The Marcellus Shale Coalition and the Pennsylvania Independent Oil & Gas Association on Wednesday filed a petition again asking the Commonwealth Court to allow them to intervene in the ongoing court case revolving around Act 13, the state’s law governing Marcellus Shale drilling activity.
In a 23-page court filing, attorneys for the industry groups – two attorneys from K&L Gates firm – argue that their clients have a “unique and compelling interest” in the case.
The state Supreme Court in December upheld a Commonwealth Court ruling that declared portions of Act 13 as unconstitutional – specifically, the portions that pre-empted local zoning ordinances.
But the Supreme Court also remanded several issues, such as medical gag orders, back to the lower court.
Both industry parties had petitioned the Commonwealth Court in April of 2012 to intervene in the case. They were denied. The industry groups also petitioned the Supreme Court to allow them to intervene. The Supreme Court also denied their request.
In Wednesday’s filing, attorneys wrote:
“The industry parties have…unique, compelling and legally enforceable interests in the outcome of this case.”
The attorneys argue that the industry’s interests can no longer be soundly represented by Commonwealth parties involved in the case.
When the issue before this court was the constitutionality of Act 13 in its entirety, this court concluded that those interests were adequately represented by the Commonwealth parties. Now, however, there are several issues before this court related to the interpretation and application of the Supreme Court majority decision and, more importantly for purposes of this petition in respect to the new issues presented, the industry parties are neither necessarily aligned with nor adequately represented by Commonwealth parties.”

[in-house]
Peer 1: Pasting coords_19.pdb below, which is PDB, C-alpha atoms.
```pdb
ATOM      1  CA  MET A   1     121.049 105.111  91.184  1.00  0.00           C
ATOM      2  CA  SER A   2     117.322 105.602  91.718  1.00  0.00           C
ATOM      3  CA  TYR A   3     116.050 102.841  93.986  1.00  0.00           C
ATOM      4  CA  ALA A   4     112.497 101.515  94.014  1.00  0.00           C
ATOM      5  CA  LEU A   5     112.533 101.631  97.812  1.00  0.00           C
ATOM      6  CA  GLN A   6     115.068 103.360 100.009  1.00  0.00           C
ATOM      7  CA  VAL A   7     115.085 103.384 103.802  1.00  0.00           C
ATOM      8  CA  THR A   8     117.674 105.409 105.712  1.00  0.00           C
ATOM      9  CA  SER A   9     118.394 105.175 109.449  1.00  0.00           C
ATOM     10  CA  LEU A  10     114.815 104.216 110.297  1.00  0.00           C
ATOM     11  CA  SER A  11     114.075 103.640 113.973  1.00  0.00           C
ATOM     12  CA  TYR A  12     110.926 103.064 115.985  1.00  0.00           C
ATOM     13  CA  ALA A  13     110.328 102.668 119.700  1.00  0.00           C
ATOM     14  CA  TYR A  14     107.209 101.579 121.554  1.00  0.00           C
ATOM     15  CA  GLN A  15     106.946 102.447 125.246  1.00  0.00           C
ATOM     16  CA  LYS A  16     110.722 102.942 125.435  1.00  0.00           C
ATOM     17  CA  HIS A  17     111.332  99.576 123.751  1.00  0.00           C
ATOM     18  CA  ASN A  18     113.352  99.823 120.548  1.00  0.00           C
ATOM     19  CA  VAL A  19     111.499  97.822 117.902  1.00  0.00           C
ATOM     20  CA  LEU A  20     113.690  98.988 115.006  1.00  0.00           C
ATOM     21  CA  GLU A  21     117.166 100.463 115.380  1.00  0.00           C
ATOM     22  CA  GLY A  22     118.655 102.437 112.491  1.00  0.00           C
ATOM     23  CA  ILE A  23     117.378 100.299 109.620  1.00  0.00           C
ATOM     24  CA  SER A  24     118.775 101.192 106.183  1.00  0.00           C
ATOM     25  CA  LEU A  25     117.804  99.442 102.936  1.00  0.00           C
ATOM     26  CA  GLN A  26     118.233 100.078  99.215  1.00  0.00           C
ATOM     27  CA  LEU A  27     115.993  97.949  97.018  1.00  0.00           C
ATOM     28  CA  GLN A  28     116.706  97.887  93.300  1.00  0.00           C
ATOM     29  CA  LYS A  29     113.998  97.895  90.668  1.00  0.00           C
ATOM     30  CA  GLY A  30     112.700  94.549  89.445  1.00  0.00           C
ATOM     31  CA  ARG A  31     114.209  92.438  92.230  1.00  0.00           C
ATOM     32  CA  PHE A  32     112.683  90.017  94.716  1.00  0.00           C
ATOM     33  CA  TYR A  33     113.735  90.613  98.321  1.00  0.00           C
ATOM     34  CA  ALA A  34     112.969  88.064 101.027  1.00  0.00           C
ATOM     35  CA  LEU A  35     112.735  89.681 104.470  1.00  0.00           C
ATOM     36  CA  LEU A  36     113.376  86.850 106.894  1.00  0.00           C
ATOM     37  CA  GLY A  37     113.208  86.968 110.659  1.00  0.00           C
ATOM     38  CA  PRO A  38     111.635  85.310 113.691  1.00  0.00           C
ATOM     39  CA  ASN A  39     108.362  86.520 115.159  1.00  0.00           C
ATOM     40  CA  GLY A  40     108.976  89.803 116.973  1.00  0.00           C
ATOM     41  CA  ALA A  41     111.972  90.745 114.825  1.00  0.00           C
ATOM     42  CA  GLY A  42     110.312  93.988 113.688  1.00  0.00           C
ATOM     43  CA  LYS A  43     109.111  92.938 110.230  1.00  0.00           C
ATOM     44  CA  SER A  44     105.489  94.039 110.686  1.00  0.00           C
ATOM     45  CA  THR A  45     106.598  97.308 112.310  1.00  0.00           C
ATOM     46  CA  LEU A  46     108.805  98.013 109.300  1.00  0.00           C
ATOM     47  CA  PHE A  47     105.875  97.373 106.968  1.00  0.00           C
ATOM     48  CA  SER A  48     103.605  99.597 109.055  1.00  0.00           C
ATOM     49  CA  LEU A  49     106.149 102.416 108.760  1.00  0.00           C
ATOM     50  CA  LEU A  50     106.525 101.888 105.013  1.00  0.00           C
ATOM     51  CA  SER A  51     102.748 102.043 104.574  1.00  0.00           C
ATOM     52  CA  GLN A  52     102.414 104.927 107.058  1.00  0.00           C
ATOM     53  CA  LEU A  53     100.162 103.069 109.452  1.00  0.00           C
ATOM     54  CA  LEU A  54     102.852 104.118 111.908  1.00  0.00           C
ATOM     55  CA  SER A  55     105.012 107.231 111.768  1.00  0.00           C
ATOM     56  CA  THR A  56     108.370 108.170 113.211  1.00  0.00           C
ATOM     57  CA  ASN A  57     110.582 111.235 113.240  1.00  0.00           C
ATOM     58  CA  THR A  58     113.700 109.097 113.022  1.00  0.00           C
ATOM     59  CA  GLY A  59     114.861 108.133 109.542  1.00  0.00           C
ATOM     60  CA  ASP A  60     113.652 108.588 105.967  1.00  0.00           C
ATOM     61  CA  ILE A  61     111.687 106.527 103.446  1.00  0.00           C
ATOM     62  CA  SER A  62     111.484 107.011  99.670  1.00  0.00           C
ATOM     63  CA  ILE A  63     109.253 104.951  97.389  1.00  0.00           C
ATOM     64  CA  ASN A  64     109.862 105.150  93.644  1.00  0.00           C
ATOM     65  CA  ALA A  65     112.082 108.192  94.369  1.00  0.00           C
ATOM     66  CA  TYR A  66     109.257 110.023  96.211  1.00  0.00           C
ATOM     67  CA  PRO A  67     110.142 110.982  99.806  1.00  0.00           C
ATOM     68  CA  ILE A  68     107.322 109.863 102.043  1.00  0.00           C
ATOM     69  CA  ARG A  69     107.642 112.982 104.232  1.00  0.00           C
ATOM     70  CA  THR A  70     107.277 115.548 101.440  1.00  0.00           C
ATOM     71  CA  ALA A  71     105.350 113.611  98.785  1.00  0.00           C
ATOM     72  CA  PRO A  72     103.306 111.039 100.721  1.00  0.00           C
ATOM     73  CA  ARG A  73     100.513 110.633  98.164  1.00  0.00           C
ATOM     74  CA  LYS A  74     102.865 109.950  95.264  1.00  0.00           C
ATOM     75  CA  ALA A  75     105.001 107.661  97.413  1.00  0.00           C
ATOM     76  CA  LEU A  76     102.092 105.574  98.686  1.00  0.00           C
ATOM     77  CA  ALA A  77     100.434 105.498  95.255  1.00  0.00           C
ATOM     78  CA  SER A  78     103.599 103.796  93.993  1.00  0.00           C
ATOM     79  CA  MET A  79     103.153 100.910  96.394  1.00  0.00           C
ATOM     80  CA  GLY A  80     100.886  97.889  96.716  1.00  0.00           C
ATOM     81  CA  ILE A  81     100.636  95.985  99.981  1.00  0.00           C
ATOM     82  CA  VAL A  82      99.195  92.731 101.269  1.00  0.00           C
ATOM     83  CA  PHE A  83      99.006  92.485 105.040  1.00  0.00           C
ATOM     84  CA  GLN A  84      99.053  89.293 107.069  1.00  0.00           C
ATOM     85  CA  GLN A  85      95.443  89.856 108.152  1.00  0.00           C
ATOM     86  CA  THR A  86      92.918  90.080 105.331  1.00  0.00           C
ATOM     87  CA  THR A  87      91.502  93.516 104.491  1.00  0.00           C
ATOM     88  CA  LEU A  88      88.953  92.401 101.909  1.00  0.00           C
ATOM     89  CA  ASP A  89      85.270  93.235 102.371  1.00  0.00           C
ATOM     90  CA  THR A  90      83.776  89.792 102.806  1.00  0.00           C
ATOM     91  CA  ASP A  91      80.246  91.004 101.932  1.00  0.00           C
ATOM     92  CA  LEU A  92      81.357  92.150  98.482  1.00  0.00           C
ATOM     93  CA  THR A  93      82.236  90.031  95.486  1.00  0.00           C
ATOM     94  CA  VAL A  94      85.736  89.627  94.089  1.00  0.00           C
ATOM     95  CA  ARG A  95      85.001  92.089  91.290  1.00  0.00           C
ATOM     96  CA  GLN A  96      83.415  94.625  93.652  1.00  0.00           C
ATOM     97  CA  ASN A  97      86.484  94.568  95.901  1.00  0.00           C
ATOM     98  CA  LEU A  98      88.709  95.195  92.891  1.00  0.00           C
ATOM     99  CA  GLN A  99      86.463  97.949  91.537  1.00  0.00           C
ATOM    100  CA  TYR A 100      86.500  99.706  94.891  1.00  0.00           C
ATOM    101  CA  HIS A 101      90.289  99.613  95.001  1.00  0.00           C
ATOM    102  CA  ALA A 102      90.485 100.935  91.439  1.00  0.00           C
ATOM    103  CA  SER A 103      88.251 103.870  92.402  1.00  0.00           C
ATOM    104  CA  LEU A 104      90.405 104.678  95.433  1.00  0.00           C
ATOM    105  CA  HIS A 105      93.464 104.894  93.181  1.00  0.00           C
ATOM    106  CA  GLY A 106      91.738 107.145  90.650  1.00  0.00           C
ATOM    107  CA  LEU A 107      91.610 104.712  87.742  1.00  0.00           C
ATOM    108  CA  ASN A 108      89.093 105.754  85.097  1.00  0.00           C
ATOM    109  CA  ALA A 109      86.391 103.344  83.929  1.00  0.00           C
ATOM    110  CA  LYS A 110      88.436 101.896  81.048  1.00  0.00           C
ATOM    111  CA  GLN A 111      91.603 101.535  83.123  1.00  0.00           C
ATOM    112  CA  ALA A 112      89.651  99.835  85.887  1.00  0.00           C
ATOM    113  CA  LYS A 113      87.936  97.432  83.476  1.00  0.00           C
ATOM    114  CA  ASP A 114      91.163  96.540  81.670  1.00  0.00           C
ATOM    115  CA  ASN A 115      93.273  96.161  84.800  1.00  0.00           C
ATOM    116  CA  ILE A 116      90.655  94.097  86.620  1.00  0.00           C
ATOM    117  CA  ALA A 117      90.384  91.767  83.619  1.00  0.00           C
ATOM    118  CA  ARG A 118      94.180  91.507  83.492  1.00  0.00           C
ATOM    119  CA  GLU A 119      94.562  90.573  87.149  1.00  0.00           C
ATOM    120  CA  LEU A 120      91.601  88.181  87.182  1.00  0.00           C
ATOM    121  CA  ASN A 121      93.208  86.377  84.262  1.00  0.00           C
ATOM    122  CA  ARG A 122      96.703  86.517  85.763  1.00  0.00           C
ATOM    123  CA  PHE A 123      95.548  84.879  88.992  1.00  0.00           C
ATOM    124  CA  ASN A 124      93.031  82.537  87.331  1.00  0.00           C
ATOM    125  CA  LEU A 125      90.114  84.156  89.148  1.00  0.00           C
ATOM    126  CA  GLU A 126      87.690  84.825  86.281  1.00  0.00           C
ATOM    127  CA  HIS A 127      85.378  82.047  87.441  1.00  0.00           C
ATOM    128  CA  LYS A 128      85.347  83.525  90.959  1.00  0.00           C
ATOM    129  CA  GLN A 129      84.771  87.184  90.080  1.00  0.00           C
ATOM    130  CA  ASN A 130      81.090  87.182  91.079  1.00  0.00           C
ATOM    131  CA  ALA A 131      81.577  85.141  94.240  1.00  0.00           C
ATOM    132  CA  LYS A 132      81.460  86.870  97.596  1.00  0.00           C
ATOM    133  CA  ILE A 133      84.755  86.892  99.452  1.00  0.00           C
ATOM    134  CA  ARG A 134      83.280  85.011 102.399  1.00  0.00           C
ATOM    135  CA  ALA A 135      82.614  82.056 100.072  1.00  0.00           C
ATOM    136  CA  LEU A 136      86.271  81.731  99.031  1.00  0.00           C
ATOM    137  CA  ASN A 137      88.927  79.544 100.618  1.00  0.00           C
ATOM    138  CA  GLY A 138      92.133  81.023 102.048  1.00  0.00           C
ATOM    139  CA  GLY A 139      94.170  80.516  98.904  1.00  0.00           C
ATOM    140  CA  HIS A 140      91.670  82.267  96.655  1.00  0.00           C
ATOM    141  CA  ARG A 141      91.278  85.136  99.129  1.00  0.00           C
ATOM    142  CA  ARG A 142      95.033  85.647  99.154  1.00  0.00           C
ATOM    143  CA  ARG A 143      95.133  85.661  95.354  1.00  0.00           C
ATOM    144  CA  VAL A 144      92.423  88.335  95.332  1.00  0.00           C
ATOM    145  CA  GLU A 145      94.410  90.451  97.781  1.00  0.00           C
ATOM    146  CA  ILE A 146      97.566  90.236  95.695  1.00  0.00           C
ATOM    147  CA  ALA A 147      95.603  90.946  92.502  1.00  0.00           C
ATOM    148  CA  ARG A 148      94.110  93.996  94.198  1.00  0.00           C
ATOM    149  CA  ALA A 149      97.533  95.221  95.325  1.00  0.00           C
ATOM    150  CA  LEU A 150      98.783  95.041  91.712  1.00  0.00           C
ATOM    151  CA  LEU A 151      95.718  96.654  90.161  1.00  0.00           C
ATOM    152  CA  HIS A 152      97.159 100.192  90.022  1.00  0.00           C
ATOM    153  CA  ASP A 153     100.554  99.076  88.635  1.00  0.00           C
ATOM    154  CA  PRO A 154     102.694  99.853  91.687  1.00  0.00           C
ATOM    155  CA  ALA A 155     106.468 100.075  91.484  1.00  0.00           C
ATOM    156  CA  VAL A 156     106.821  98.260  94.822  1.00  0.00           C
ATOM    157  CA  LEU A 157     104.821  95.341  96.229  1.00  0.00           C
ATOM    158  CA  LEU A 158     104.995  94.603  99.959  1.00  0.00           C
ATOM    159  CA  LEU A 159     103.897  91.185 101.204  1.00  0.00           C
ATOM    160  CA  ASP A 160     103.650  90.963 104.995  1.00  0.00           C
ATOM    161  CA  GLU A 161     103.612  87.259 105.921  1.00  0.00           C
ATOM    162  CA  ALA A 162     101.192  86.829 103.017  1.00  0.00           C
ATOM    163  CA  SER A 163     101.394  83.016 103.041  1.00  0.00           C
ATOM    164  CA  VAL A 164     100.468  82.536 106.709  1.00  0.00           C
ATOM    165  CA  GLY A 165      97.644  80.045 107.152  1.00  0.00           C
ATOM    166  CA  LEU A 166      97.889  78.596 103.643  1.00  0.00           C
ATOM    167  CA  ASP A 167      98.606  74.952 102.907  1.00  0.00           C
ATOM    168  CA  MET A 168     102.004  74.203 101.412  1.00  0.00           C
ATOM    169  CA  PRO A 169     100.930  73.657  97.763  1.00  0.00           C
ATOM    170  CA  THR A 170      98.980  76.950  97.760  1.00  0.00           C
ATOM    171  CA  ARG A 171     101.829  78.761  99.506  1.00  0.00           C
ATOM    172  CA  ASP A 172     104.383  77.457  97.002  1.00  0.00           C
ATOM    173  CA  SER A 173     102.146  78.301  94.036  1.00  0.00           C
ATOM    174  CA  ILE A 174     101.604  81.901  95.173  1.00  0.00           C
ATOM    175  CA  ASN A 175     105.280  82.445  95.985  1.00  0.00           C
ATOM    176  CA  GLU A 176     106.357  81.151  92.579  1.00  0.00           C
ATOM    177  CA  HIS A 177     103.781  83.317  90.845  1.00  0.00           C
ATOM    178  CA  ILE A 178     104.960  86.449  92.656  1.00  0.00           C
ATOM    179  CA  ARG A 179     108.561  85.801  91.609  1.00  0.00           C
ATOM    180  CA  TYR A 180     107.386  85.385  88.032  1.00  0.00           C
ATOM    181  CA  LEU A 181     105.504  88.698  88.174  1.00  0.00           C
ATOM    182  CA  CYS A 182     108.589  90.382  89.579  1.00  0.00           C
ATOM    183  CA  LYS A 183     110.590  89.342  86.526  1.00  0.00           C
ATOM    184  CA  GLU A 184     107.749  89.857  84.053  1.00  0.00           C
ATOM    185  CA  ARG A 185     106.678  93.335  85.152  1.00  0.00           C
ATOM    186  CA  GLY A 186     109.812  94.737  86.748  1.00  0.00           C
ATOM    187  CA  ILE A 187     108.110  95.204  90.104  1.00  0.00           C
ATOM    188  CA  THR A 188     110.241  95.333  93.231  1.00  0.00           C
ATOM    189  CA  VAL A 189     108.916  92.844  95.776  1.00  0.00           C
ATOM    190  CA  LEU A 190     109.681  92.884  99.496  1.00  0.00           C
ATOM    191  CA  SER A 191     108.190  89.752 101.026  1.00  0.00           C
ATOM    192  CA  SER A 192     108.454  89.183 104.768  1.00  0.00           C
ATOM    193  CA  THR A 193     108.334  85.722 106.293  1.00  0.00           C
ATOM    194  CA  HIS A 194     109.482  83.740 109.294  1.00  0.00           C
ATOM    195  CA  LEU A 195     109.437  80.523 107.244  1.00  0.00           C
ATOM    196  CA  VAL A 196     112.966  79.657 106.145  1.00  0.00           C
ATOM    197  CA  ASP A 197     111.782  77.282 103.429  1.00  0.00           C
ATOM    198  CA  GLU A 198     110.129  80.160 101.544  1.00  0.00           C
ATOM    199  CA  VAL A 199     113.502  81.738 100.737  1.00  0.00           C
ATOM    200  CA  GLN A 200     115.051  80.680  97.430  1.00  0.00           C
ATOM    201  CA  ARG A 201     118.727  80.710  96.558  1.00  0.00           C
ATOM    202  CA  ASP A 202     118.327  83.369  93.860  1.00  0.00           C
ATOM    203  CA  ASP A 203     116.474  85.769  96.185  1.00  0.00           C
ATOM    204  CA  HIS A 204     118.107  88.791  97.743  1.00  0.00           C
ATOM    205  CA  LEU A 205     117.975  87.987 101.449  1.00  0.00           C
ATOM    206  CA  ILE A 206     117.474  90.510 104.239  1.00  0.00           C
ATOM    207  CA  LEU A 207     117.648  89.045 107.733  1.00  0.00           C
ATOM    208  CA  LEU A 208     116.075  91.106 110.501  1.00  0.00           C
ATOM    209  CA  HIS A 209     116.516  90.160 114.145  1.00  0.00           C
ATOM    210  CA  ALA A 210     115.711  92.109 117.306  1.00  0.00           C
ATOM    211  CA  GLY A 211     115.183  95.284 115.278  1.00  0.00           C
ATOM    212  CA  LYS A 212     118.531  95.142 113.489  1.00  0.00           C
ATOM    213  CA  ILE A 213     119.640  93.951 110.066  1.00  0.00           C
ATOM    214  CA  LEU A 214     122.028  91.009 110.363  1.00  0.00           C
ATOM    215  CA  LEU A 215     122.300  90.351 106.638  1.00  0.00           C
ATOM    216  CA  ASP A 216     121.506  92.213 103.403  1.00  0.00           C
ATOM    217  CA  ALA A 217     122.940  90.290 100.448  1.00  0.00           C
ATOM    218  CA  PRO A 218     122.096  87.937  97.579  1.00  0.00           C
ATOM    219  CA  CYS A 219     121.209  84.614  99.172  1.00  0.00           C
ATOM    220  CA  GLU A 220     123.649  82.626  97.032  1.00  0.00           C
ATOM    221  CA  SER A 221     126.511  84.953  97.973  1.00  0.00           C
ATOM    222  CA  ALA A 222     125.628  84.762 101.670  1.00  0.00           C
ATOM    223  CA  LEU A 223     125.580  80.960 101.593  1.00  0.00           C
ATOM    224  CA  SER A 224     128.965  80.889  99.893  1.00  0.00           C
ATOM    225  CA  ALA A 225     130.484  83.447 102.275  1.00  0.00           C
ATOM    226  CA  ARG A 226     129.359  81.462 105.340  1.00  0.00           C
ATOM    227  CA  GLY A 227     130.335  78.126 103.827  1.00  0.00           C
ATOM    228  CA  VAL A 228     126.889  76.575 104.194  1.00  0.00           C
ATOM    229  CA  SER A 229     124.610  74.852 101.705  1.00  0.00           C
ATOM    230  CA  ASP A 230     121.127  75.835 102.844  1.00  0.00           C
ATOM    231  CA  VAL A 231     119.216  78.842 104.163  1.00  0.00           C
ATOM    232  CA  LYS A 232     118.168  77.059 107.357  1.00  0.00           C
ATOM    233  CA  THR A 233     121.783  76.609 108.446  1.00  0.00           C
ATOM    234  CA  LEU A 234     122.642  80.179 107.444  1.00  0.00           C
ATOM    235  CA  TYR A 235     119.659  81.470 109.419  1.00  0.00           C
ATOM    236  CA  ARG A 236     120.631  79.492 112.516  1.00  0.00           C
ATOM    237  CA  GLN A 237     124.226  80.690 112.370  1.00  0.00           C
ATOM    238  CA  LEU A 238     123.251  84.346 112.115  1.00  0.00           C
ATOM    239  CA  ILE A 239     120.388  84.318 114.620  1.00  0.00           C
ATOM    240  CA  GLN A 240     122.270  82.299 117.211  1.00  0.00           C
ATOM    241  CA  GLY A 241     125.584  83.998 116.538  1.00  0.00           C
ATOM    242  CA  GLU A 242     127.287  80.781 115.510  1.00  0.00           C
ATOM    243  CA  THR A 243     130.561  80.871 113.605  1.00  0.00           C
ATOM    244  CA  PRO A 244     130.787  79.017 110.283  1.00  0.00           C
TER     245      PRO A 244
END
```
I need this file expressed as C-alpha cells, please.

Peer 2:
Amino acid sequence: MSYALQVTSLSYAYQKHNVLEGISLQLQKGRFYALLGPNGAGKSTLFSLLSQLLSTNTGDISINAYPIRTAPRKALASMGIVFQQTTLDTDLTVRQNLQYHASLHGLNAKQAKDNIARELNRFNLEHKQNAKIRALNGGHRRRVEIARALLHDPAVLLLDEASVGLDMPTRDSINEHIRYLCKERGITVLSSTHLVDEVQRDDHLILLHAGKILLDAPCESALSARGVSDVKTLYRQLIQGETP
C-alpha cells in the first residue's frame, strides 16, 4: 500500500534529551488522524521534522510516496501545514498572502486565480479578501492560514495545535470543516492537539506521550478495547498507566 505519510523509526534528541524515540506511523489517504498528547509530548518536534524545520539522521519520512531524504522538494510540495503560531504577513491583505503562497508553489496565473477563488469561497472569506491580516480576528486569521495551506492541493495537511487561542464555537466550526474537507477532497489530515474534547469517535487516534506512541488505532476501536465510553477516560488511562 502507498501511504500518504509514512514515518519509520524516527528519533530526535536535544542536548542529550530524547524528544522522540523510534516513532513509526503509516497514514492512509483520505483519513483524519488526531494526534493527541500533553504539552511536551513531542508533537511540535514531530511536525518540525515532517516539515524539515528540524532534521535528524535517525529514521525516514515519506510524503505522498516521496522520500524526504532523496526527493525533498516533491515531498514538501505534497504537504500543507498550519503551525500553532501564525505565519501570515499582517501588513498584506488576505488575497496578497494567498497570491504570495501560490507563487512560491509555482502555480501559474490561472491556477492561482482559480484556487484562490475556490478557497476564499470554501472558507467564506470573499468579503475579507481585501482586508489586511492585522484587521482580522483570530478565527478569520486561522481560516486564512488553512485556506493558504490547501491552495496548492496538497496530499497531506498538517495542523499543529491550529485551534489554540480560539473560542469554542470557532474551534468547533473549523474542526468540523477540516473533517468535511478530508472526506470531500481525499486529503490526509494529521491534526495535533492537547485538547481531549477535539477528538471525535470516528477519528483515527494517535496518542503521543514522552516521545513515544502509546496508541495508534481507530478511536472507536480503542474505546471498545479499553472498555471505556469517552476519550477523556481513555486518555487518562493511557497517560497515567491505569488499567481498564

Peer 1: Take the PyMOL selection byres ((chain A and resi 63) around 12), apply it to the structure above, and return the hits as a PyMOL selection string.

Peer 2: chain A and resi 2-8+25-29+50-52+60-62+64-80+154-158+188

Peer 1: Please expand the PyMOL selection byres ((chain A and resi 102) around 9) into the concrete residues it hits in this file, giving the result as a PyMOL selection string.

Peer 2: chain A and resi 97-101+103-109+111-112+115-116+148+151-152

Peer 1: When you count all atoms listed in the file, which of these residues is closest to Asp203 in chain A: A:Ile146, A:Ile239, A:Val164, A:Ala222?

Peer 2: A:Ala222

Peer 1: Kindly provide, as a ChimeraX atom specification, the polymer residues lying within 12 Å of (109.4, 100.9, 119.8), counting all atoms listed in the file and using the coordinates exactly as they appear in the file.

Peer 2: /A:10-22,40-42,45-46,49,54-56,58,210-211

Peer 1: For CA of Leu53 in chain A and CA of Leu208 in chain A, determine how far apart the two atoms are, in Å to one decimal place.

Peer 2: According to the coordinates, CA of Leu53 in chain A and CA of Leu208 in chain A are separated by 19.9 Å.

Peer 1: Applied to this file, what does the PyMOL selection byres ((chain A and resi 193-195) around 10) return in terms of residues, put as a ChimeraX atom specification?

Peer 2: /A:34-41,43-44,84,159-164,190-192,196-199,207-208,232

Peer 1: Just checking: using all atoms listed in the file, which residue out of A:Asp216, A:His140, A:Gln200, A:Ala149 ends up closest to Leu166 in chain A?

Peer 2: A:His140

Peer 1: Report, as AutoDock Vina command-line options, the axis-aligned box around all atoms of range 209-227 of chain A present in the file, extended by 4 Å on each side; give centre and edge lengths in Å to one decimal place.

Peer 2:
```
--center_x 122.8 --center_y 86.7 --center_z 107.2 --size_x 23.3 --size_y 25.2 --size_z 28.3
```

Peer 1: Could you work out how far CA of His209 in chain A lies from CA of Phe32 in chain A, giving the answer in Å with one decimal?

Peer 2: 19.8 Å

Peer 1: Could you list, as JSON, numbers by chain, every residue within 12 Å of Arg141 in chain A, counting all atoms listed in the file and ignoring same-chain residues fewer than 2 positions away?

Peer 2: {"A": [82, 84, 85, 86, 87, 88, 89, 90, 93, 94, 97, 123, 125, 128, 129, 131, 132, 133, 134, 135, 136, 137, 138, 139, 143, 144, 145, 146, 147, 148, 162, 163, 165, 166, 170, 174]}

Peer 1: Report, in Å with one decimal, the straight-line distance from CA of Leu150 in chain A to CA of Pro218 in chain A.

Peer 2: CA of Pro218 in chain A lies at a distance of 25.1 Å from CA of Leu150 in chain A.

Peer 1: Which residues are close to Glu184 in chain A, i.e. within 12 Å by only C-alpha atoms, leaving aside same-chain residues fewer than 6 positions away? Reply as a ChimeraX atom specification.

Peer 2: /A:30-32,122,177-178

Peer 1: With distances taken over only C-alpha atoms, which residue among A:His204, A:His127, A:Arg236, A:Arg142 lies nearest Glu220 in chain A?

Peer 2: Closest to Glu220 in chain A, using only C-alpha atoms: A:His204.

They later add:
“Rather, the parties are potentially directly adverse to the Commonwealth parties.”
The petition also suggests that industry parties should be permitted to intervene in the case on remand because of the substantial impact the eventual outcome will have on them.
“The industry parties have a substantial and unrepresented interest in how the underlying issues are addressed and how pending questions are resolved. Act 13 contains a myriad of regulatory provisions including…the payment of impact fees; the content of permit applications, well site construction (and more).
No current party to this case must actually plan for, finance and comply with Act 13’s extensive list of regulatory requirements. Thus, no party has the same interests as the industry parties.”
Reached Wednesday afternoon, John Smith, one of the lead attorneys who spearheaded the Act 13 challenge on behalf of a handful of communities such as Cecil and Peters townships, a nonprofit and a medical doctor, said:
“In our review, it’s the same argument they have raised and lost in the same court.”
A status conference in the case has been set for Monday in Harrisburg.